Dec 2, 2008
Retail stocks fall on holiday shopping worries
Dec 2, 2008
By Martinne Geller
NEW YORK (Reuters) - Retailers that offer good value or the hottest products should come out on top this holiday season, while those that need deep discounts to lure shoppers could see earnings pressured, analysts said on Monday.
Fresh from the Black Friday weekend that kicked off the holiday shopping season in the United States, shares in retailers fell sharply on Monday.
The declines struck across the board, from discounters Wal-Mart Stores Inc and Target Corp to department store operators Macy's Inc and JC Penney Co Inc.
The Standard & Poor's Retail Index slid 9.3 percent, more than an 8.95 percent drop for the S&P 500 Index on signs of a deepening economic slump around the world.
Shoppers either went for discounts or specific hot products that don't necessarily need discounts to sell, such as iPods and UGG boots, analysts said.
"While it is difficult to separate the winners from the losers during a period of such low expectations, there were clearly standouts," said Lazard Capital Markets analyst Todd Slater.
He cited Wal-Mart, UGG boot maker Deckers Outdoor Corp, iPod maker Apple Inc and hip clothing chain American Apparel Inc. Slater rates Deckers, American Apparel and Wal-Mart a buy. He does not rate Apple.
Bradley Thomas, an analyst with KeyBanc Capital Markets, said "just about everybody in retail is going to be a loser this year and obviously the stocks reflect that right now."
That being said, Thomas cited Best Buy Co and hhgregg Inc as possible winners, since the consumer electronics chains could benefit as shoppers balk at buying from Circuit City Stores Inc, which has filed for bankruptcy.
JOYLESS SEASON FOR SOME
Thomas sees a joyless season ahead for home decor retailers Williams-Sonoma Inc and Pier 1 Imports Inc, since furniture sales have "fallen off a cliff."
He has underweight ratings on Pier 1 and Williams-Sonoma and buy ratings on Best Buy and hhgregg.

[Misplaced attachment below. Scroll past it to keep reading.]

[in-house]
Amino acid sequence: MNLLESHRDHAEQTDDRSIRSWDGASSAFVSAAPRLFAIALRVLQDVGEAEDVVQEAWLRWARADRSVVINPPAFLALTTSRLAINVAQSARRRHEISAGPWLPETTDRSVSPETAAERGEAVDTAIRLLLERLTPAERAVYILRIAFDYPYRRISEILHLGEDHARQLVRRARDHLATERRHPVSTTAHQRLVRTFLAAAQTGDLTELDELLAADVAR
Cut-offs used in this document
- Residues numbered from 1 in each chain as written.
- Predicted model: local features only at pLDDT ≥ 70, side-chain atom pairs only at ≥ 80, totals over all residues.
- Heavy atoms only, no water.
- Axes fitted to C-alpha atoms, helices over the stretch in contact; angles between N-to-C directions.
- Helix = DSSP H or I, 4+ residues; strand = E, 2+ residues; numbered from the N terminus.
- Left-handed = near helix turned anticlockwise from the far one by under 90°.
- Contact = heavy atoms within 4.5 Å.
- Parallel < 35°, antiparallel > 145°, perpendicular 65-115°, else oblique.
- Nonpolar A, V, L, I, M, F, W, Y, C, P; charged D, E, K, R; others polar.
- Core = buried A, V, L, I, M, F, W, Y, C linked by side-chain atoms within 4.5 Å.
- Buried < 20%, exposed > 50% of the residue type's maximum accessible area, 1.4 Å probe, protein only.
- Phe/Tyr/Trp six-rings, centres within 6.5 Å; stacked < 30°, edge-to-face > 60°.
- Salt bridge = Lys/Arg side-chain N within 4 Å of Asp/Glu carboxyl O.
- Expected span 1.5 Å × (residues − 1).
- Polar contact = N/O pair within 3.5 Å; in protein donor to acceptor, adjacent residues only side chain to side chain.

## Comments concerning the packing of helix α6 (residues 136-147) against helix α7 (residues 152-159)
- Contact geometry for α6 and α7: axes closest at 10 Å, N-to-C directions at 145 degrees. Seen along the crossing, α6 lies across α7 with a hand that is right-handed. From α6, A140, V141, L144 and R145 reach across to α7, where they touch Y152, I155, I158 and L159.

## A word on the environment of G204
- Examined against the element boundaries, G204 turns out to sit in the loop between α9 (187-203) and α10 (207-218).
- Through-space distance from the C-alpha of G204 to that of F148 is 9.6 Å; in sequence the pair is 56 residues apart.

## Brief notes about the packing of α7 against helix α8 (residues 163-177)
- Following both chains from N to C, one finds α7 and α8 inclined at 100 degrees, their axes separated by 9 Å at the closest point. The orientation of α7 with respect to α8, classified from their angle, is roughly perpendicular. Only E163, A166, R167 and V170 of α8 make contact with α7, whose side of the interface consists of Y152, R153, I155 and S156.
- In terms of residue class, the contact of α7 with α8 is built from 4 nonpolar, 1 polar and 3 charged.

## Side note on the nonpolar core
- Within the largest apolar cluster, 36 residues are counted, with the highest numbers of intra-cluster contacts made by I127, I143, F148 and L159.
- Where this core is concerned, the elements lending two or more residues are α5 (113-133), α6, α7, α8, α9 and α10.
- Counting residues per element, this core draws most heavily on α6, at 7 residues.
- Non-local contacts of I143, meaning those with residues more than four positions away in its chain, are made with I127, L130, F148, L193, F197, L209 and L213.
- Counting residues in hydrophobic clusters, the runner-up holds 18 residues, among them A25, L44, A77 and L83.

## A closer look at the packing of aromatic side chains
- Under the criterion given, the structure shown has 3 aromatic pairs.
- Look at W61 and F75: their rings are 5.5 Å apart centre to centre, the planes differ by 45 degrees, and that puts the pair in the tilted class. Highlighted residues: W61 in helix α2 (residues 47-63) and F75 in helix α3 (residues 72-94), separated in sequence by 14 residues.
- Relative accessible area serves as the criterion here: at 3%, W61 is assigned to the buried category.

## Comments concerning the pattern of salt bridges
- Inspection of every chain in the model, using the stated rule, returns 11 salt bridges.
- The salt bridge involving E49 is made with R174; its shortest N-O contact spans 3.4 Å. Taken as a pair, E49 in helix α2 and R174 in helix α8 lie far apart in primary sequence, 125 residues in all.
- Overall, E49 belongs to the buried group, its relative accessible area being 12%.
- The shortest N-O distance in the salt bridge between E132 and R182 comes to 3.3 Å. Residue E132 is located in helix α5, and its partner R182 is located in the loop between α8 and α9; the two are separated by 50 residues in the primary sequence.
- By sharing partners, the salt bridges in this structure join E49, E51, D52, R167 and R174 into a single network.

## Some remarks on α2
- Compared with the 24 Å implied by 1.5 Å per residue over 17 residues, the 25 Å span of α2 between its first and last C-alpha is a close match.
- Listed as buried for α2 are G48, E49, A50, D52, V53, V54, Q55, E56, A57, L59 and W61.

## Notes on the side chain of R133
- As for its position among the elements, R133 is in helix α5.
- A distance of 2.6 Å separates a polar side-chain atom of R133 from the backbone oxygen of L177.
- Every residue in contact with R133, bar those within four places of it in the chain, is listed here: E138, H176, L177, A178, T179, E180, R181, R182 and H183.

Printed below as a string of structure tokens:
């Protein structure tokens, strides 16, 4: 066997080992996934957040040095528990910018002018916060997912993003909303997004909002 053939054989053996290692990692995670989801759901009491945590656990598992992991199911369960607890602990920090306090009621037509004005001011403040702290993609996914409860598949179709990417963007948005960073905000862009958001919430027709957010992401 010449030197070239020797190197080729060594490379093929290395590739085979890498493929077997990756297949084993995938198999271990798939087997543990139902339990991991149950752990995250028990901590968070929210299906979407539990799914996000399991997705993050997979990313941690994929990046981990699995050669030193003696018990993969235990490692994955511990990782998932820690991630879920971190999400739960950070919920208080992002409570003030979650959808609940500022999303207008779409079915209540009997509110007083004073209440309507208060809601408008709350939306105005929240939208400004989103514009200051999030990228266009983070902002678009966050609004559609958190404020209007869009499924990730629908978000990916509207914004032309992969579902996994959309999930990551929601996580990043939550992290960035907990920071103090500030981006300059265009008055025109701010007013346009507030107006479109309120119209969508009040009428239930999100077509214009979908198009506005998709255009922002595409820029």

Many investors remained pessimistic about retailers after the National Bureau of Economic Research confirmed that the U.S. economy entered a recession last December.
"Investors are largely ignoring what individual companies did and what their prospects are and just selling everything," said Marshall Front, chairman of Front Barnett Associates, an investment counseling firm with $600 million under management.
Yet "those companies perceived to be among the strongest, which would be Wal-Mart and Kohl's Corp, have declined less (this year) and seem to be holding better," he said. The firm has shares in both Wal-Mart and Kohl's.
Early Black Friday results showed sales grew in stores and online, fueled by repeat trips, heavier online sales and deep discounts from retailers across the price spectrum.
Combined sales for Friday and Saturday rose 1.9 percent from a year ago, tracking firm ShopperTrak said on Monday.
"At this point, we anticipate sales levels will continue to slow this week as consumers will remain home, looking for additional holiday sales toward the end of the shortened 2008 season," said Bill Martin, co-founder of ShopperTrak.
"We thought mall traffic was good but lines were not as impressive as shoppers cherry-picked the best deals," said UBS analyst Roxanne Meyer about the start of holiday shopping. "We thought promotions would have been steeper, given retailers' inventory issues."
Retail promotions, such as American Eagle Outfitters' buy one top, get another one half-off, or Aeropostale Inc's 50 percent to 70 percent discount off all merchandise, were meant to drive customer traffic.
But such discounts eat into company margins, causing analysts to worry about quarterly profits. Investors will get a better view to that performance when some retailers report November same-store sales on Thursday.
"We remain concerned about fourth-quarter gross margin, given extremely heavy promotional activity," said Michelle Clark, a Morgan Stanley retail analyst.
(Additional reporting by Nicole Maestri in New York and Karen Jacobs in Atlanta; Editing by Dave Zimmerman, Leslie Gevirtz)
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